The municipal-bond market appears to be surmounting one of its most urgent challenges of the year as banks renew billions of dollars worth of expiring credit agreements with state and local governments, avoiding a costly scramble to refinance.
Early this year, with municipal-bond prices tumbling amid worries of defaults, analysts raised fears over tens of billions of dollars worth of bonds that would need to be refinanced if banks didn't renew letters of credit issued during the financial crisis. Those fears haven't yet been realized, according to a new report from Moody's Investors Service, another sign the $2.9 trillion muni-bond market is steadying itself after months of turmoil.
Of the $13.5 billion of letters of credit and other backstops tracked by Moody's that expired in the first quarter, 85% were either renewed or replaced by another bank, and the costs of many of the letters actually declined, the ratings firm said.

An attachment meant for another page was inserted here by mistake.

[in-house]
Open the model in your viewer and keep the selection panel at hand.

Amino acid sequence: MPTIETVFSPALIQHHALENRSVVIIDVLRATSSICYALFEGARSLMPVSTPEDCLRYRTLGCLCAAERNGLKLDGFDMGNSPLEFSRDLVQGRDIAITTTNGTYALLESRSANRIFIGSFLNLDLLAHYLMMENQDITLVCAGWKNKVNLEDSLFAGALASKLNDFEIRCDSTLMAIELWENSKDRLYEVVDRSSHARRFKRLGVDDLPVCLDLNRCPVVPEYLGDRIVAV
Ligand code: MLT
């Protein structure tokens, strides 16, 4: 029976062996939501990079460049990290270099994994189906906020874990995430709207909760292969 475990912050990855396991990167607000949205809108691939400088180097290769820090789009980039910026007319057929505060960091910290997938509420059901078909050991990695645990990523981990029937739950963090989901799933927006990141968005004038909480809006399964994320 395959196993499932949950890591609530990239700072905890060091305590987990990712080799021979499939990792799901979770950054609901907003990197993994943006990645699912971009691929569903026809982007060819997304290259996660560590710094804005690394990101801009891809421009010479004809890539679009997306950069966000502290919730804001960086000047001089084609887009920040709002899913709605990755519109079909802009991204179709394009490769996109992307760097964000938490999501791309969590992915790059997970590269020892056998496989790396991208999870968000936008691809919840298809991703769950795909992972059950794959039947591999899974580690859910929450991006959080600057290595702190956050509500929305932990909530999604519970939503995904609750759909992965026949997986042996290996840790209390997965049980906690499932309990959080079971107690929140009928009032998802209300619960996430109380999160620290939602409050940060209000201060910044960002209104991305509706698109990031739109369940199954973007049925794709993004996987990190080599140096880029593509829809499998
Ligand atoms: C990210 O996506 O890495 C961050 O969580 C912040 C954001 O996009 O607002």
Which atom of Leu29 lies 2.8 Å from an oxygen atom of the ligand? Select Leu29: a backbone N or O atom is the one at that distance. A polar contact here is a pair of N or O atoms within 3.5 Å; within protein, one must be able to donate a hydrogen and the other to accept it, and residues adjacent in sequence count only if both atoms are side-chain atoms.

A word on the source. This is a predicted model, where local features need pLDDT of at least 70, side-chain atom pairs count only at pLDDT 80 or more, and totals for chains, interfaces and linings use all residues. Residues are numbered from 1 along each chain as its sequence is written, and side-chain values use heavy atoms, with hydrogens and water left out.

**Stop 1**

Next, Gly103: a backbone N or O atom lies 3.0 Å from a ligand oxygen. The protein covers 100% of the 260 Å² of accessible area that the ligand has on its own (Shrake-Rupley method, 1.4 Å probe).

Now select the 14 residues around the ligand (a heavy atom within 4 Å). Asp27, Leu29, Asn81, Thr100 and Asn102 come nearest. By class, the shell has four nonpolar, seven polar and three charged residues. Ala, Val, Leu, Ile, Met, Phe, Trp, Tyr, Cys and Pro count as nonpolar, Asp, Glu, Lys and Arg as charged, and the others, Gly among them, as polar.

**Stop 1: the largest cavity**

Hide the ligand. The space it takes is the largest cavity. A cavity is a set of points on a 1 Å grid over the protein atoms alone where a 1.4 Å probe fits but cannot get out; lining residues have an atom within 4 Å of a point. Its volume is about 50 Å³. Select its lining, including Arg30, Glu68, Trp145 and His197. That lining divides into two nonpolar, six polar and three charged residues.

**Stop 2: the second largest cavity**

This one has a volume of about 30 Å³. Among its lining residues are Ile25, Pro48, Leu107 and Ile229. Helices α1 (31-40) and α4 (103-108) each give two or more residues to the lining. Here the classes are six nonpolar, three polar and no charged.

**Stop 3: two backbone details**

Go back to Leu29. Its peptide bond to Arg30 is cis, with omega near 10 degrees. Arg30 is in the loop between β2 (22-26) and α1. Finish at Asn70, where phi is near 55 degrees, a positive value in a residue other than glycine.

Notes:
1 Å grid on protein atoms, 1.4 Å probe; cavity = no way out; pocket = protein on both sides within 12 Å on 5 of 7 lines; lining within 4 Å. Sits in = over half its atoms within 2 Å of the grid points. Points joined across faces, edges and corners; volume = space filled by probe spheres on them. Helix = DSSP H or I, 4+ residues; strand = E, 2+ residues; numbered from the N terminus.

A bigger test comes in the second and third quarters, when $50 billion worth of letters of credit expire.
"We are cautiously optimistic that it all continues to work," said Thomas Jacobs, a senior credit officer in Moody's public finance team. "We are not through the end of this quarter, but we are not seeing problems with extensions." The borrowers typically use these letters of credit to backstop variable-rate demand bonds, which are long-term bonds with interest rates that reset periodically.
Let's take a look at the chart:
The fall at the end of last year was caused by the then-approaching expiration of the BAB program, where the federal government provided support for the muni-market. There was also concern about municipal finances. However, although finances are still tight, there are more and more signs of improvement. In addition, the renewal of the Letters of Credit adds further support to the market.